The next step was to consider what this form of detached speech signifies. Our first two conjectures addressed the objectification of the self related to the transformation of body parts into a separated “object” or “thing” because the injury resulted in loss of sensation in the affected part or in the inability to control or to move the body part. These were:
1. When individuals lose control of a body part, some disembody that part to maintain control of the self.
2. When individuals lose sensation in a body part, disembodiment can be a psychological strategy for “disengaging” the body part from the self.
These two conjectures were tested by systematically comparing burn patient transcripts with patient groups who have and who have not lost sensation and control. Support for these conjectures is provided if the members of those populations that have lost sensation and/or control also used the definite article in reference to their bodies and if those who have not lost sensation or control do not use this form of speech.
3. Patients learn disembodying language from physicians.
Linguistically, modes of detachment are a normal pattern of “doctor talk” as a way of objectifying parts of the body. Patients learn these linguistic patterns of speech by hearing physicians discuss themselves as “cases” on rounds, and so forth.
4. Disembodiment is used in life-threatening trauma, in an effort to protect the self.
Here disembodiment would be viewed as a strategy encouraged by a threat to life in which removing the injured part of the self could remove the threat to the self. To support this conjecture, linguistic signals of disembodiment should occur in the transcripts during periods when patients face any life-threatening injury or illness.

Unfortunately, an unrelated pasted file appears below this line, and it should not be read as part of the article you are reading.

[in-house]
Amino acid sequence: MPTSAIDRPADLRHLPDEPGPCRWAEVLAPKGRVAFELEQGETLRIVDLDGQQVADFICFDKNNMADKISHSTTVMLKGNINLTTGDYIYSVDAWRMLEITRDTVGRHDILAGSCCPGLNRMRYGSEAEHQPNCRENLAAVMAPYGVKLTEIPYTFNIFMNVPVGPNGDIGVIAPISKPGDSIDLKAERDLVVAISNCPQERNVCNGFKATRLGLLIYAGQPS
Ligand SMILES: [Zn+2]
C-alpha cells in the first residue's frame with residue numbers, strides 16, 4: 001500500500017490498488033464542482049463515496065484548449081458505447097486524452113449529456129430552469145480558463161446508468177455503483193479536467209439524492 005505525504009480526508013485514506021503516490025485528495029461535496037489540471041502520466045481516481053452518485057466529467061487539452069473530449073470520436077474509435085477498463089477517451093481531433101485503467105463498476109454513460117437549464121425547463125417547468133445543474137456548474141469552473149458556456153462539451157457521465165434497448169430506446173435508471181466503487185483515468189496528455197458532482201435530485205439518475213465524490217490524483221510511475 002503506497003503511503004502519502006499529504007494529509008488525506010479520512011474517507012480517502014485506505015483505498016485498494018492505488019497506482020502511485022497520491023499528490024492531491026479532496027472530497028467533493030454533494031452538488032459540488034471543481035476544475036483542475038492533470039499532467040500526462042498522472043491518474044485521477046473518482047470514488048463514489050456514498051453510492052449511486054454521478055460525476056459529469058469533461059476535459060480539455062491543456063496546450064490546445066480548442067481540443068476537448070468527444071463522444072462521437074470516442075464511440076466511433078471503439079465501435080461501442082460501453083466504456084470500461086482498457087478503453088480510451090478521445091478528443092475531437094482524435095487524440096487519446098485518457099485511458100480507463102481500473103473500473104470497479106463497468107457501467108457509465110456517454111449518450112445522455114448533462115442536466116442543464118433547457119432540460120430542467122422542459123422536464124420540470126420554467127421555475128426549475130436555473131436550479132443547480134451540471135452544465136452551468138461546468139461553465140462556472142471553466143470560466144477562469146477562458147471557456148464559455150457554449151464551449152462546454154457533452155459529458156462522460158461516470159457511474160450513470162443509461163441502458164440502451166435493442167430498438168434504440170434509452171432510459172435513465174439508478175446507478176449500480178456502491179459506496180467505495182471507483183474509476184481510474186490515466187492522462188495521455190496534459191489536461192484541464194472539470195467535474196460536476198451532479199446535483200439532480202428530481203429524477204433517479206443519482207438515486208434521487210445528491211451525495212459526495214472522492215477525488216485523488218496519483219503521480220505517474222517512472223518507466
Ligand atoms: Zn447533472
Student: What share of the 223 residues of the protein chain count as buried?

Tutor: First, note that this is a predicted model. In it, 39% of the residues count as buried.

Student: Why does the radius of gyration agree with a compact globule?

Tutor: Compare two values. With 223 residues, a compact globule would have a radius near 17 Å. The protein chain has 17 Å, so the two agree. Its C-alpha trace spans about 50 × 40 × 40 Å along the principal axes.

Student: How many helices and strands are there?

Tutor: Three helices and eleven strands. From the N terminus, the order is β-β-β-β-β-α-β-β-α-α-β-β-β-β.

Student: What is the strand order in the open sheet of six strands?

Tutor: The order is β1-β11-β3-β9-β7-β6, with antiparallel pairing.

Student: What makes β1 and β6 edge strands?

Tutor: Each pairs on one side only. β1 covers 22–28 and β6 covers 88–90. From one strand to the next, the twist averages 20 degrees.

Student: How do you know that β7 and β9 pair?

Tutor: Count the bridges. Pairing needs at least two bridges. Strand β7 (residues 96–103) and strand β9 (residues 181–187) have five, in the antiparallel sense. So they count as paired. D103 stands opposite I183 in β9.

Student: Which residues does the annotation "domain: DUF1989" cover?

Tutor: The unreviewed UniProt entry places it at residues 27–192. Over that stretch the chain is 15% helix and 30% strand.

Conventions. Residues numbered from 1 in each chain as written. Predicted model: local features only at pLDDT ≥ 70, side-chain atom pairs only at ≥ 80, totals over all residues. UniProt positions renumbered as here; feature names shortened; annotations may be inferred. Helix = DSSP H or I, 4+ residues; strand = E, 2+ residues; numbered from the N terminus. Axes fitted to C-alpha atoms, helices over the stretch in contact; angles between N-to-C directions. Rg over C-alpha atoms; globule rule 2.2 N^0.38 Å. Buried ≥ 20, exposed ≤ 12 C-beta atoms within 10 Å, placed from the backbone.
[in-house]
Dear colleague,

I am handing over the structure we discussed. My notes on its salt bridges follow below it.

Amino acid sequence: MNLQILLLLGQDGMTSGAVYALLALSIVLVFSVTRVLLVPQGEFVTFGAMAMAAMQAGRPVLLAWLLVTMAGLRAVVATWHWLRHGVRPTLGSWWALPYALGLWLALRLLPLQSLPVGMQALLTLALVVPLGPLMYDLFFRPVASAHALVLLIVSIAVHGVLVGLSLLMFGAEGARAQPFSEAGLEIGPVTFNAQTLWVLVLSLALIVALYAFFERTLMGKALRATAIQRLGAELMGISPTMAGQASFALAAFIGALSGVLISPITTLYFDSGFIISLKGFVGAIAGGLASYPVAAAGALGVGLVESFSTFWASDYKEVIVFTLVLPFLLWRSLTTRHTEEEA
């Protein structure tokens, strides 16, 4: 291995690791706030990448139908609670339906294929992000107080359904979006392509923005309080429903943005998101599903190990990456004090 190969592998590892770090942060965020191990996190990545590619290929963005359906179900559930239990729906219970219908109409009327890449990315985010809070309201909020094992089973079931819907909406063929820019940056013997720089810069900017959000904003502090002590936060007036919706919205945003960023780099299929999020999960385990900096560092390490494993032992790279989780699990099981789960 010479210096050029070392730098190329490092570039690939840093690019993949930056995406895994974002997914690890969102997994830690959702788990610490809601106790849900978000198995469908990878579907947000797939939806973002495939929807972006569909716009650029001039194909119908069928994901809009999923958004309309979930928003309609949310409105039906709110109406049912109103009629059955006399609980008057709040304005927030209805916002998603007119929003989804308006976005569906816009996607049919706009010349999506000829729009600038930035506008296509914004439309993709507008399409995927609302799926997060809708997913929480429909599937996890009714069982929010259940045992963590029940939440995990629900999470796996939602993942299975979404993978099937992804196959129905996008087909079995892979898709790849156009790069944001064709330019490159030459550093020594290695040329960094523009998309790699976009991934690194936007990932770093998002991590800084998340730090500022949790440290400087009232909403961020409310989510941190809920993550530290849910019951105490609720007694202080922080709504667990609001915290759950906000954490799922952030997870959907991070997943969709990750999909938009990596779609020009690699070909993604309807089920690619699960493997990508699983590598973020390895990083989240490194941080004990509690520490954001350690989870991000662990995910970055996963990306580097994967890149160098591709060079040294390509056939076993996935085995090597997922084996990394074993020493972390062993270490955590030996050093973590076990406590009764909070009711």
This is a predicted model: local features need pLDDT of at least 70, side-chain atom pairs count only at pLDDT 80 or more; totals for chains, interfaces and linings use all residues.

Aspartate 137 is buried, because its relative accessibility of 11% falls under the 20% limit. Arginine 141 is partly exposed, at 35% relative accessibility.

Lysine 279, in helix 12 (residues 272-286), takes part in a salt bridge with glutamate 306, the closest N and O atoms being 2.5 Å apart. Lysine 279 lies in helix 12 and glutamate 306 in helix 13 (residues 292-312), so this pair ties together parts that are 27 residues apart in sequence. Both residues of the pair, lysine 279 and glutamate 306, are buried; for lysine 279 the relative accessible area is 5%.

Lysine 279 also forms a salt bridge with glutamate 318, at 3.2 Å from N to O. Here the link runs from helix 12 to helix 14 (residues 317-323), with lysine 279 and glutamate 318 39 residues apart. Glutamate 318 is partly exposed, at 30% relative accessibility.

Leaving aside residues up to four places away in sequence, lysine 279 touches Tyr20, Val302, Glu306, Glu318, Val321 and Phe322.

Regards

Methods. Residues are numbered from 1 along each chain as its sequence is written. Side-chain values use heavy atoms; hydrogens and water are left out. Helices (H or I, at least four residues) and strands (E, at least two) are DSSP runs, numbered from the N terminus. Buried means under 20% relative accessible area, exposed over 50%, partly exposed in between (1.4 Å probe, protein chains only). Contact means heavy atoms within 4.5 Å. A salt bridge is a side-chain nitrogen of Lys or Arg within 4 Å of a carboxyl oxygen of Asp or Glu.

5. Disembodiment is a strategy used to remove the body part, hence to remove the pain, when the agony is overwhelming.
This conjecture may be tested by comparing the burn patients with comparison groups that experienced varying amounts of pain in the course of their injury or illness.
At this point the presence or absence of each criterion is recorded for each conjecture for each patient group. It is important to note that the use of the criterion that a phenomenon be present in all cases during initial coding introduces an important standard of rigor required in qualitative work, especially considering the small samples used. But this need not mean that the appearance of one single negative case discounts or invalidates an observation. In quantitative inquiry a score of zero on a scale does not indicate that a phenomenon does not exist—only that it was not present in that particular case. One may thus suggest that these same standards could apply to qualitative inquiry. Yet in qualitative work, when the sample is obtained and analyzed case by case, if the negative case is the first case analyzed, there is a risk that this case could inadvertently redirect inquiry. The results are shown in Table 14.1.
From Table 14.1, the only conjecture clearly supported related to extreme pain. This supports the conclusion that disembodiment “disengages” a body part when a sensation is lost. Further examination of transcripts showed that burn patients tended to refer to their amputated limbs using the definitive article, “the leg” and to their prosthetic limbs using the possessive “my.” For example:
So [my wife] said, “Come up there with me.” And I started jumping about a foot, two feet in the air. I was doing fine until one leg pulled out and twisted sideways so I had to hang on to [my wife], and we had to … I sat down on the trampoline, and they had to get me off and put my leg back on … (laughter). So that was pretty hilarious. My brother was there, and he was just in tears laughing.